Gave Arethusa's love a glad reliefe ;
And made Panthea elegant in griefe.


His most unexceptionable beauties, setting aside a few most noble ones in Gondibert,' are to be found in his miscellaneous poems; some of which, whether for delicacy of feeling, force of imagery, or strength and sweetness of verse, are, we think, not to be surpassed. We must close this paper with a few specimens.


"Faire as unshaded light; or as the day
In its first birth, when all the year was May;
Sweet, as the altars smoak, or as the new
Unfolded bud, swel'd by the early dew;
Smooth, as the face of waters first appear'd,
Ere tides began to strive, or winds were heard:
Kind as the willing saints, and calmer farre,
Than in their sleeps forgiven hermits are:
You that are more, then our discreter feare
Dares praise, with such full art, what make you here?
Here, where the summer is so little seen,

That leaves (her cheapest wealth) scarce reach at green
You come, as if the silver planet were
Misled awhile from her much-injur'd sphere,
And t'ease the travailes of her beames to-night,
In this small lanthorn would contract her light."

Another little poem, in a similar strain, but still finer, addressed to Lady Olivia Porter, his friend's wife, appeared the other day in the first number of the Keepsake.'

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Thy bounties if I name; I'll not admit,
Kings when they love, or wooe, to equall it :

It shew'd like Nature's self, when she doth bring
All she can promise by an early spring;

Or when she payes that promise where she best
Makes summers for mankind; in the rich east.
And, as the wise sun silently imployes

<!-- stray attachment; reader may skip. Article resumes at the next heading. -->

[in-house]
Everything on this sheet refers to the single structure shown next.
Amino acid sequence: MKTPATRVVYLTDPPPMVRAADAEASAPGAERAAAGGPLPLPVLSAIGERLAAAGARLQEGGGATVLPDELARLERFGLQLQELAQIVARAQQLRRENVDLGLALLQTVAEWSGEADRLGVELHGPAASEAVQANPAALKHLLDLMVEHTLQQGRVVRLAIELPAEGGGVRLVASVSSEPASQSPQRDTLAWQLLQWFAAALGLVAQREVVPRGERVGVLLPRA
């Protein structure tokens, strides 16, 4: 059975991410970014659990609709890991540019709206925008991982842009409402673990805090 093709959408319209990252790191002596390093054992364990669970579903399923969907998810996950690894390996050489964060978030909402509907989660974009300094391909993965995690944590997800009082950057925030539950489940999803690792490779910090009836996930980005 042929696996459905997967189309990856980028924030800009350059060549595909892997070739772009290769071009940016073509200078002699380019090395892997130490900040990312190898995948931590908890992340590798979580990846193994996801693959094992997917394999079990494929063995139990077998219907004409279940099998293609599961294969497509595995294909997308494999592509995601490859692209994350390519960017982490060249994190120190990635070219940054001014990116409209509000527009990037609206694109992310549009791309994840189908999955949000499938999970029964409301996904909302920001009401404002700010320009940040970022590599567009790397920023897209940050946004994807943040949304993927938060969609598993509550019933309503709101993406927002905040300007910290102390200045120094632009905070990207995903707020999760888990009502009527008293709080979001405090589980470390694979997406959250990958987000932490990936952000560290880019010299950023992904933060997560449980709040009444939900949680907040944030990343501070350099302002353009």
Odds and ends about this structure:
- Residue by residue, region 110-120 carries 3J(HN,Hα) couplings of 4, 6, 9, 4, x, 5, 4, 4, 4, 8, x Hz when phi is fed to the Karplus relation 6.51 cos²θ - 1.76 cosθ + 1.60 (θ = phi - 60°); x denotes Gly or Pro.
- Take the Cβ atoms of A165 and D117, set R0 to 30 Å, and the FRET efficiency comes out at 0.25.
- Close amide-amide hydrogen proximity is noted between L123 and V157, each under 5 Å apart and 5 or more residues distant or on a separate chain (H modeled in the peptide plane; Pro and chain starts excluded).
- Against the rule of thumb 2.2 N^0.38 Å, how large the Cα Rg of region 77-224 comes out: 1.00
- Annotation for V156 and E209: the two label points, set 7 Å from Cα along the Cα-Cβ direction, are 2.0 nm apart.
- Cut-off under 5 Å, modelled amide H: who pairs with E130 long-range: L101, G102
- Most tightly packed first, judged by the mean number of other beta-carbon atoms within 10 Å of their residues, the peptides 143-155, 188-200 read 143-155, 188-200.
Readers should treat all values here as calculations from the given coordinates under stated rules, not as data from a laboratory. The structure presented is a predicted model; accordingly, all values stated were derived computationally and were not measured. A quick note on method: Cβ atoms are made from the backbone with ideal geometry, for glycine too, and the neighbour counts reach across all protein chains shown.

His lib'rall beames, and ripens without noise;

As precious dewes doe undiscover'd fall,
And growth insensibly doth steale on all ;'
So what he gave, conceal'd in private came,
(As in the dark) from one that had no name;
Like fayries wealth, not given to restore,
Or if reveal'd, it visited no more."

The following is another specimen of the style in which the Queen was complimented. We here see Henrietta, with her beautiful black eyes, painted to the life, and the King's uxoriousness made noble. It is at the beginning of some lines to the Earl of Portland, on the marriage of his son.

"My Lord, this night is yours! each wand'ring star
That was unbusi'd, and irregular,

Most gravely now his bright companion leads,
To fix o're your glad roofe their shining heads;
And it is said, th' exemplar king's your guest;
And that the rich-ey'd darling of his breast
(To ripen all our joys) will there become
The music, odor, light of ev'ry roome !"

No man has written finer hyperboles on women; in which we find a certain natural track of philosophy, and a charming taste of nature. The following is out of an elegy on a friend's mistress.

"Lovers (whose wise senses take delight
In warm contaction, and in real sight)
Are not with lean imagination fed,
Or satisfi'd with thinking on the dead.
'Tis fit we seek her then; but he that finds
Her out, must enter friendship with the winds;
Enquire their dwelling and uncertain walks;
Whither they blow, from their forsaken stalks
Flowers that are gone, ere they are smelt? or how
Dispose o'th' sweeter blossoms of the bough:
For she (the treasuress of these) is fled,
Not having the dull leasure to be dead;

But t'hoord this wealth; return, and this wealth bring
Still vary'd, and increas'd in ev'ry spring."


"Cold as the feet of rocks; silent in shade
As Chaos lay, before the winds were made."

See also the song beginning

"O whither will you lead the fair
And spicy daughter of the morn?"